Easter Eggs aren’t just for Easter.
They can make amazing design features for any time of the year.
We share top tips on creating beautiful eggs for your home, are as presents for your family are friends.
Embellish hard-boiled eggs or hollow eggs with lacy patterns to create a decorative centerpiece.
Cut lace trimmings into strips long enough to wrap around the eggs, then secure the lace with rubber bands.
Then dye your eggs, cut off the rubber bands and unwrap the lace.
After you’ve let them dry, you’ll be left with colorful eggs with intricate designs and patterns etched onto the shell.
Create eye catching, sparkling eggs with this simple technique.
Dye your eggs the desired color, then paint half the egg with glue and sprinkle with glitter.
Once the first half of the egg is dry, repeat with the other half.
Metallic eggs add a striking touch to the usual Easter displays.
Blow out the eggs, and then paint the eggs with size – the adhesive material – and leave to dry.
Then drape one sheet of gold leaf over the egg and smooth it over with your fingers.
Keep repeating this step until the egg is completely covered, then go over with a clean paintbrush to even it out.
Each egg will have its own unique and intricate swirl pattern with this easy technique.
Blow out the egg, rinse and then leave it to dry.
In a mixing bowl, mix 3 cups of warm water, 2 tablespoons of vinegar and a few drops of the food colouring of your choice.
Once it is dry, place the egg in the mixture, and wait till it becomes the color you desire.
In a separate bowl, prepare a second mix – this time in a darker shade or different colour.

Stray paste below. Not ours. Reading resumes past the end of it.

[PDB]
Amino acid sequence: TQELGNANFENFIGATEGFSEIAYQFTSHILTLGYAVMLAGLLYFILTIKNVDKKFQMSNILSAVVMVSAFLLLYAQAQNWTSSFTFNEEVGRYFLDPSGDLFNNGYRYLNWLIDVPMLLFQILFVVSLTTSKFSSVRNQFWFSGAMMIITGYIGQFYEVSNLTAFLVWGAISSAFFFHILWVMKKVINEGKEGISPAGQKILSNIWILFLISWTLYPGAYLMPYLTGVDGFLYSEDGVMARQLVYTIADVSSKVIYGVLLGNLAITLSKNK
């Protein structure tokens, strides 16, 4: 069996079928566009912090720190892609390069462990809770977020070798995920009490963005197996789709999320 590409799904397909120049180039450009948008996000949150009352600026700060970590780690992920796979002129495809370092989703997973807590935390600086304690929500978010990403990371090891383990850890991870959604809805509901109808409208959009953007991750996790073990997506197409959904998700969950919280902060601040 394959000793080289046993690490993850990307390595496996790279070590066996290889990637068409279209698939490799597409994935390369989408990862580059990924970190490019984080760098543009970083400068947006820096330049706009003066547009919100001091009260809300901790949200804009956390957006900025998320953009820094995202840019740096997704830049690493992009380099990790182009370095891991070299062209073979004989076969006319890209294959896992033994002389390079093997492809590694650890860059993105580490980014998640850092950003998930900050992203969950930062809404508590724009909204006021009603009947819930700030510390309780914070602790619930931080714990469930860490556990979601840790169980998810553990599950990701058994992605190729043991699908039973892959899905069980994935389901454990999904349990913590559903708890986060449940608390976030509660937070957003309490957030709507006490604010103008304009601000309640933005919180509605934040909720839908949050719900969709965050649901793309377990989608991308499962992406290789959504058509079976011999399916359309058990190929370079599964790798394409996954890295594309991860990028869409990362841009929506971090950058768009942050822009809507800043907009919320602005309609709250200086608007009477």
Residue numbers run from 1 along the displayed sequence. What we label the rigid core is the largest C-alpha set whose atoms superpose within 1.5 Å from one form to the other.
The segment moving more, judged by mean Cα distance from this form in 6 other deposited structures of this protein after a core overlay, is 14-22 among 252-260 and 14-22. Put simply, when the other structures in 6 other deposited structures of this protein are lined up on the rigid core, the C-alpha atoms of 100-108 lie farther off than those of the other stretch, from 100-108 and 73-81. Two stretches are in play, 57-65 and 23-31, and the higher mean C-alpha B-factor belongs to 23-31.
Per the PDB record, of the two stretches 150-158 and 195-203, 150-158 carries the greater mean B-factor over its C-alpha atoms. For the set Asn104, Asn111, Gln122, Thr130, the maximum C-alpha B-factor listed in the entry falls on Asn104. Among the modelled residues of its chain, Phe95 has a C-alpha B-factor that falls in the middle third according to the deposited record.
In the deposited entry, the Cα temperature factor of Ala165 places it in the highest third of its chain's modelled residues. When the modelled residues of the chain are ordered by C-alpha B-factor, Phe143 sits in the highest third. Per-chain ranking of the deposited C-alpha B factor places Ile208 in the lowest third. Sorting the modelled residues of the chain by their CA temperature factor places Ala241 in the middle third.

Add one tablespoon of olive oil and run a fork through it: this will create the oil patterns on the surface.
Whilst the oil is still swirling on the surface, place the egg in the second mixture and roll it around the bowl to ensure it picks up the streaks of oil.
Once this is done, gently pat the egg down with a paper towel.
Tissue paper eggs
Fold the color tissue paper four times and then punch a pattern into it with a craft punch.
Using decoupage glue, paint a thin layer onto the egg and stick the punch-out onto the egg, starting from the middle working outward.
Easter egg tree
It’s a tradition in Germany and Austria to celebrate Easter by hanging eggs from the branches of trees.
Get involved in the tradition and turn your decorated eggs into a unique display this year.
Fill a bucket with floral foam and then insert grass and any type of fresh cut branches.
Make a hole at the end of each egg and then pass a needle and some ribbon through.
Create a double knot with the ribbon above and below the egg, then tie the loose ends to a branch.
Using blown out eggs, cut out images from decorative paper. Coat the back of the cut-out with light glue, then apply it gently to the egg.
Let it dry, and repeat with as many designs as you’d like.
Silk dyed eggs
Use this silk dyeing technique to decorate your eggs with floral designs, stripes, swirls and more fun patterns.
Wrap pieces of silk around a raw egg, making sure the printed side of the material is facing the egg.
Place the egg in a glass pot filled with enough water to cover the eggs completely, then add three tablespoons of white vinegar.
Boil the water, then turn the heat down and allow it to simmer for at least 40 minutes.
Remove the eggs and allow them to cool – once cool, remove the silk and marvel at the unique design printed on the shell.
Decal paper is clever transfer paper which you can print images onto, using your printer, and then apply to a surface
To use these transfers on eggs, print the image you’d like onto a sheet of decal paper and then spray the paper with two coats of varnish – letting it dry after each coat.
Cut out the individual designs as precisely as possible and then let them soak in a bowl of water for one minute.
Separate the design from the decal paper by slowly peeling away the backing paper.
Press it onto the egg gently and smooth it down with your fingers.
You can use a paper towel to absorb any excess water.
Leave it to dry overnight and then apply with a coat of varnish.
With thanks to the @TelegraphFood.
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